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The newspaper of The Johns Hopkins University October 10, 2005 | Vol. 35 No. 6
Report Outlines Recommendations for Pediatric Palliative Care in Md.

By Lynn Schultz-Writsel
School of Nursing

Nearly 1,000 of the more than 40,000 people who die each year in Maryland are children under 18. With almost every one of those deaths, a pediatric palliative care program can offer support to the child and to the family through the dying process and beyond.

A recently released comprehensive report, "Challenges and Opportunities to Improve Pediatric Palliative Care in Maryland," makes recommendations for improving the care of dying children and summarizes the results of the Maryland Pediatric Care Summit held last fall at the Johns Hopkins School of Nursing and hosted by the Johns Hopkins Harriet Lane Compassionate Care Program.

The summit findings focus around five central themes--denial of death, compassionate communication, continuity of care, public education and overcoming barriers--and reviewed current programs and services. From these themes, the more than 40 parents and health care professionals attending the summit developed eight recommendations for improving pediatric palliative care:

Make palliative care services family-centered.

Integrate palliative care with curative care.

Educate families, health care professionals and the public.

Develop innovative models of care delivery.

Improve facilities and space within hospitals to provide palliative and end-of-life care.

Develop pediatric-focused policies and practices.

Develop an interdisciplinary statewide model for the provision of pediatric palliative care from pre-natal through adolescence.

Establish resource networks for professionals and parents.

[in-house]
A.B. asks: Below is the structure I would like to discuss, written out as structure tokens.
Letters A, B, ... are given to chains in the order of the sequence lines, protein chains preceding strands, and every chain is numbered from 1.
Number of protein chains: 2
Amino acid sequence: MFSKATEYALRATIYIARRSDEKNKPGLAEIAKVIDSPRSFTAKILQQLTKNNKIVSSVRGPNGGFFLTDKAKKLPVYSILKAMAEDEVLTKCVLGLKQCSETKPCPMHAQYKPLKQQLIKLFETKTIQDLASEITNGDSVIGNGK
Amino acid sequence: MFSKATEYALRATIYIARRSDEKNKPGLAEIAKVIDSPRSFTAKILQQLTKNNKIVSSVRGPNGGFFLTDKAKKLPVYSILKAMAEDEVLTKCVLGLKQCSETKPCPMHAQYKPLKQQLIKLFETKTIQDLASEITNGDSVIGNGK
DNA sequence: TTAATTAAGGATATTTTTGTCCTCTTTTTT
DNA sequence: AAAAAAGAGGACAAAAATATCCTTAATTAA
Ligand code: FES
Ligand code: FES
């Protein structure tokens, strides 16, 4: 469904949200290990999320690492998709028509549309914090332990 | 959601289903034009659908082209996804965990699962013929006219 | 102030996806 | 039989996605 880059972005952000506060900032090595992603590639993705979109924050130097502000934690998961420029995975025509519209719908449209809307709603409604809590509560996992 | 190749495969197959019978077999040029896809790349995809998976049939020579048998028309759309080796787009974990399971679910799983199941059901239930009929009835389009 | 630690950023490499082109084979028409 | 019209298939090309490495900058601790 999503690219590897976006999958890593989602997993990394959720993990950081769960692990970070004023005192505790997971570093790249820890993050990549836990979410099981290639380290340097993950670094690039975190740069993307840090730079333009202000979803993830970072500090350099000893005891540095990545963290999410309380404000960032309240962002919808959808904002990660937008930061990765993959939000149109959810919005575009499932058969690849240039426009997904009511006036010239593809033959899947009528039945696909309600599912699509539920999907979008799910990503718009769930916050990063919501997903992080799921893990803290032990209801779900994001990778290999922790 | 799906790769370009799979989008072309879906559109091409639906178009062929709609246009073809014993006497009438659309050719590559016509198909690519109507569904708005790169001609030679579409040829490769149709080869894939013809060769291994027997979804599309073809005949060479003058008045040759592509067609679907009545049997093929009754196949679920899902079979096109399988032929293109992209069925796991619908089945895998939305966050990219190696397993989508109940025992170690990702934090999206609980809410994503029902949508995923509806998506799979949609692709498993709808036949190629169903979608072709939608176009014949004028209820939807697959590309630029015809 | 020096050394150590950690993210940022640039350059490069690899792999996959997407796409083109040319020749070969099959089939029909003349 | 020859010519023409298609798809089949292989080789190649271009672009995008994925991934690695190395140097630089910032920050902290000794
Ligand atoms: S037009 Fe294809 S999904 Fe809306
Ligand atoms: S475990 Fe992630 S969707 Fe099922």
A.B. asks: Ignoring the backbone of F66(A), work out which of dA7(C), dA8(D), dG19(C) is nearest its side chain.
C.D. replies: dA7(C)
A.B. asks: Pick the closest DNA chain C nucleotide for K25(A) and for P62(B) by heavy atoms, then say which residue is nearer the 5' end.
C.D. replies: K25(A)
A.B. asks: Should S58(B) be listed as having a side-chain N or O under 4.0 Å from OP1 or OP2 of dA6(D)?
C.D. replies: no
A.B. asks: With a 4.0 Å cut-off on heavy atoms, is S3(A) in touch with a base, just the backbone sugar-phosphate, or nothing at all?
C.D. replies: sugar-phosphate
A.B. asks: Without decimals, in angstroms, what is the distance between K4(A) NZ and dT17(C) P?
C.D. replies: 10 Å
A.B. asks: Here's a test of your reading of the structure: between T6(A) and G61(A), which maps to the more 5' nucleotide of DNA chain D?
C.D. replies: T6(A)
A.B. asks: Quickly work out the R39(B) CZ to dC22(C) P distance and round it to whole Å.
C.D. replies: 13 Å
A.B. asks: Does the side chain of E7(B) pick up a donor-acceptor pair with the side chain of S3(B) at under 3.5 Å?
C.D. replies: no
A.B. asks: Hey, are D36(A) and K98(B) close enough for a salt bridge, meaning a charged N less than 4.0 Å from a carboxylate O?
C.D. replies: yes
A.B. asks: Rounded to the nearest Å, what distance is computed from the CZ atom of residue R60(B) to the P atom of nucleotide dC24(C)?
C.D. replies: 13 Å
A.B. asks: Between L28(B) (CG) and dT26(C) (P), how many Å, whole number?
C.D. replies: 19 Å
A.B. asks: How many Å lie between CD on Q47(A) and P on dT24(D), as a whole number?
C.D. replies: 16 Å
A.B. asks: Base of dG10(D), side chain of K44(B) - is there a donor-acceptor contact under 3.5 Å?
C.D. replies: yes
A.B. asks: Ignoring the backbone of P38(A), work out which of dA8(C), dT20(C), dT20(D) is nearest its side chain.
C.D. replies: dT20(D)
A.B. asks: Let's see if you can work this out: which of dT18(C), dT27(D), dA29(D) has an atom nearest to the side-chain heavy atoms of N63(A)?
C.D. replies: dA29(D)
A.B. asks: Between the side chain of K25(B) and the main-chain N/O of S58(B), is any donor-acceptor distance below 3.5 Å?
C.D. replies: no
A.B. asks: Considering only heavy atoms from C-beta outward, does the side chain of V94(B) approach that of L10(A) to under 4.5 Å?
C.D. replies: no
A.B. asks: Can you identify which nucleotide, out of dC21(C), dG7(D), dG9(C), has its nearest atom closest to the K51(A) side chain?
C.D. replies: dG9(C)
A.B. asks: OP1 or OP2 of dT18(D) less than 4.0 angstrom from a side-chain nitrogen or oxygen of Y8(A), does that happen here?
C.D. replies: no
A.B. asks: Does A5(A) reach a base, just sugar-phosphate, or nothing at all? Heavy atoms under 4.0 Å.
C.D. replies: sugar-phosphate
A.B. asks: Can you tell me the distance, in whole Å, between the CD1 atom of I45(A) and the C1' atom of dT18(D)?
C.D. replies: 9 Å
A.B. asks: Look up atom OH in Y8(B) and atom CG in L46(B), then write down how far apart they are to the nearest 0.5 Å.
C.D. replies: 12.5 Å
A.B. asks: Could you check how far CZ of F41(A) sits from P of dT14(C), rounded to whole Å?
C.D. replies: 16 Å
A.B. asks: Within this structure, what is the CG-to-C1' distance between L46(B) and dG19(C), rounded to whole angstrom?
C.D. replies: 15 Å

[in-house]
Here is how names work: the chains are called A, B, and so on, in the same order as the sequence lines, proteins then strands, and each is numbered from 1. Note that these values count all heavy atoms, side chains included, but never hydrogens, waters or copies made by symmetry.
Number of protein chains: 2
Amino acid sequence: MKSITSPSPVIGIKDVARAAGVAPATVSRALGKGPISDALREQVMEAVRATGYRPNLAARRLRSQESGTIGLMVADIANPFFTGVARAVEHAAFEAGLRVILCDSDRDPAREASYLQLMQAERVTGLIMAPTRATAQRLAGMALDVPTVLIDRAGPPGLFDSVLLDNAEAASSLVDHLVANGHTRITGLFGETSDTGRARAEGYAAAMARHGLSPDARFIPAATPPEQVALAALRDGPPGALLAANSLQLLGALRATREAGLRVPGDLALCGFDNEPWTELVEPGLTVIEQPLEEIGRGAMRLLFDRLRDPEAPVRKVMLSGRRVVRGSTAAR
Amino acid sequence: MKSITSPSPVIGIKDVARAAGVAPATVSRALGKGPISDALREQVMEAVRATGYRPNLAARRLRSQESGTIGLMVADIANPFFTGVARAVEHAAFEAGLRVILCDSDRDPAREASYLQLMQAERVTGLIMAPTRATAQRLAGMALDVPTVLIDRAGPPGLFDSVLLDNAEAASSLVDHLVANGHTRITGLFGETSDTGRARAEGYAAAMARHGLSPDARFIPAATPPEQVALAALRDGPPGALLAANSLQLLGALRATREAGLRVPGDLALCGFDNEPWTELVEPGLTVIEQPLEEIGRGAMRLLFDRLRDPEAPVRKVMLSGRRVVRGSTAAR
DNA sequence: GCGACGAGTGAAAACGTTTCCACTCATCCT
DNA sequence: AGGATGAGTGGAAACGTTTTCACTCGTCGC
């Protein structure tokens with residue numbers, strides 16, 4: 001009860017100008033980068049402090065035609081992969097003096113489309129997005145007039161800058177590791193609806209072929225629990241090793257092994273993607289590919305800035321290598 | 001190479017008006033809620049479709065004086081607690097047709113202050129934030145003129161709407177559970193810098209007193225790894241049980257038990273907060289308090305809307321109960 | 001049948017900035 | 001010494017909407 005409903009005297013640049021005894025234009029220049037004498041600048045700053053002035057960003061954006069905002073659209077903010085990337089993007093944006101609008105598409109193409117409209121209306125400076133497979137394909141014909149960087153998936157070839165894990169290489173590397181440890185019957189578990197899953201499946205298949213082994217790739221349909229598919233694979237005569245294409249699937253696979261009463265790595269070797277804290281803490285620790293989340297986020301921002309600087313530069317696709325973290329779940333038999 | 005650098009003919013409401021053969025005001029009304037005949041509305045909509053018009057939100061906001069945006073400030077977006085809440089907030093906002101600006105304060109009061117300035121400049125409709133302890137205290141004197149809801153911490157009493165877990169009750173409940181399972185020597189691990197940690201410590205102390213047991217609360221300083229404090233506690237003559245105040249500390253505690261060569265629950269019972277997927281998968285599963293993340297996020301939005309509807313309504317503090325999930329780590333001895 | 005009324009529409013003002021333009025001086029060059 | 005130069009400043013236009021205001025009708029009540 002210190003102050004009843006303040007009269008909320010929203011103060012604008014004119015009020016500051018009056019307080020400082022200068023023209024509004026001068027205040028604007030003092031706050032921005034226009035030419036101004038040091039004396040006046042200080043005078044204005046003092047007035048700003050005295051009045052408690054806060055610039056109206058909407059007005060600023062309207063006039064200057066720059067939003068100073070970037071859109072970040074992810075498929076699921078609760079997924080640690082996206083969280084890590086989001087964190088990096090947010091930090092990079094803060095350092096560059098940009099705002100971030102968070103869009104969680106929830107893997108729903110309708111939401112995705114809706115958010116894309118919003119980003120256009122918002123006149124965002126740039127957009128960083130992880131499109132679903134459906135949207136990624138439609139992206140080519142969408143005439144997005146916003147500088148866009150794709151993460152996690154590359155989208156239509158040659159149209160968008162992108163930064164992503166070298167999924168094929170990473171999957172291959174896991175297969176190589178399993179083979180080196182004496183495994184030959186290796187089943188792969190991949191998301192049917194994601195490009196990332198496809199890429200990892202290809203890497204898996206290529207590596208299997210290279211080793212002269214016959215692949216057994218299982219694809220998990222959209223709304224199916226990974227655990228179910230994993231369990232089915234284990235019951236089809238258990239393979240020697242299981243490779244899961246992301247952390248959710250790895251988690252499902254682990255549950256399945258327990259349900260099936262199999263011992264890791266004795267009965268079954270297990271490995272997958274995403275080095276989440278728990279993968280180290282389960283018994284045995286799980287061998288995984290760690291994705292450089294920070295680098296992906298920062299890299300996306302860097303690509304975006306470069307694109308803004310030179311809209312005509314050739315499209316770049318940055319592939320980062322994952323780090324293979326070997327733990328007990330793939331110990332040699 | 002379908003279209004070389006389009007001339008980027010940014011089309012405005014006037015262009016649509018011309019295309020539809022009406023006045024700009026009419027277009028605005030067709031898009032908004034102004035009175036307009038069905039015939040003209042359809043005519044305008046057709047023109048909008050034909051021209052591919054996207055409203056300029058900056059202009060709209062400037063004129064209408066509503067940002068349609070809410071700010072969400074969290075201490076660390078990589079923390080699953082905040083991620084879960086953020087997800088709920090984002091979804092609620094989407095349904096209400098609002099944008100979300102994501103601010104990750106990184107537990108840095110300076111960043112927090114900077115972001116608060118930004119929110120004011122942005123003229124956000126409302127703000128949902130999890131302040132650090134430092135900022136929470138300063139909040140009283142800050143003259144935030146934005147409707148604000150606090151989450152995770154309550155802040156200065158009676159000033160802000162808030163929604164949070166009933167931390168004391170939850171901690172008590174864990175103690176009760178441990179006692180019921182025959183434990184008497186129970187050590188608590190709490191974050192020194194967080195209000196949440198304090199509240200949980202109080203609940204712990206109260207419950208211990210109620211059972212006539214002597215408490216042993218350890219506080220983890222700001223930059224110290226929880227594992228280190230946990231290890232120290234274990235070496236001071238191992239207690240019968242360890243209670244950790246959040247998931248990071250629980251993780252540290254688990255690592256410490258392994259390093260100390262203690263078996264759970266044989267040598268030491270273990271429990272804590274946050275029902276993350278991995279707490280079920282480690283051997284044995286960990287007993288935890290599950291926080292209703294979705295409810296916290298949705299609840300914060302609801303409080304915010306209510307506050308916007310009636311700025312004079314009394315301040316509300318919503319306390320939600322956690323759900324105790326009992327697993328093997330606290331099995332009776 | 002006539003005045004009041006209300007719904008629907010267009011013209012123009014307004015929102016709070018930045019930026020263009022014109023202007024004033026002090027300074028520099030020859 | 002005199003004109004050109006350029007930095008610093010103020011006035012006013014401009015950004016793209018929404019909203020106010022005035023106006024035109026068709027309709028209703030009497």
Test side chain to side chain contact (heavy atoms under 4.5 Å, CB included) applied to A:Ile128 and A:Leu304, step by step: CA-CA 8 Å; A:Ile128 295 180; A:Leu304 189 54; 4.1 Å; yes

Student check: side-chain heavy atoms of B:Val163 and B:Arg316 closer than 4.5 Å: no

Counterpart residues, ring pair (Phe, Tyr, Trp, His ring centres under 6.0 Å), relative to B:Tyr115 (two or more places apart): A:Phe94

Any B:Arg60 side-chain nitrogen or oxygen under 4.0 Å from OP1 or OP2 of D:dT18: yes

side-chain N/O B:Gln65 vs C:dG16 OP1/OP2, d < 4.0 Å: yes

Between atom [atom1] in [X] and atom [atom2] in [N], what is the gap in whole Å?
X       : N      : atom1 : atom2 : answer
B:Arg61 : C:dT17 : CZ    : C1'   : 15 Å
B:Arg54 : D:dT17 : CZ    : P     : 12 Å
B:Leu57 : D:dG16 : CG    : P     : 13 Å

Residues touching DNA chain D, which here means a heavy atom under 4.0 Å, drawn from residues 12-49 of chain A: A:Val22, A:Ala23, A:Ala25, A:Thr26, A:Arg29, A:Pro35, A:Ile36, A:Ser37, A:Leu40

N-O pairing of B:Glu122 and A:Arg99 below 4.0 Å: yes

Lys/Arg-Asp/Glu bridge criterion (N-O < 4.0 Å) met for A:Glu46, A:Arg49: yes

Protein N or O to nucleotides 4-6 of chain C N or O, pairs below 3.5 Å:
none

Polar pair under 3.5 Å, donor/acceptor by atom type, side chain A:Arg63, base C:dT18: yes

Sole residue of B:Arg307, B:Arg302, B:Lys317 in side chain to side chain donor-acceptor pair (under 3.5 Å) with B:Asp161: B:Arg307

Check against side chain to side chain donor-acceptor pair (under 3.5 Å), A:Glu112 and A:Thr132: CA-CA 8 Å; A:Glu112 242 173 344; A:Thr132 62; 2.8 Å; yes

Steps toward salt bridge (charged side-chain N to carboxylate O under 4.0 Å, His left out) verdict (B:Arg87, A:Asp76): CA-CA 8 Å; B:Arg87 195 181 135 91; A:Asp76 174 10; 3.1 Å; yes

At the summit, the participants also chronicled the state of pediatric palliative care in Maryland; identified gaps in the clinical care, financing and policy that affect the care of dying children and their families; and created a model of parent-professional cooperation. These same advocates have been instrumental in establishing the Pediatric Palliative Care Coalition of Maryland, which is now refining action steps to accomplish the recommendations and is exploring other opportunities for collaboration and education.

Cynda Rushton, a School of Nursing faculty member and HLCC program director, organized the summit with Nancy Hutton, of the School of Medicine, and Elizabeth Reder and Barbara Hall, both of the Johns Hopkins Hospital Children's Medical and Surgical Center. "Above all," Rushton said, "this summit demonstrated that family-centered, integrated and interdisciplinary pediatric palliative care is the preferred model of care. It works with — not instead of — other treatments. We hope to bring to Maryland innovative programs that will deliver that model of care from the time of diagnosis and for the benefit of both the child and the family."


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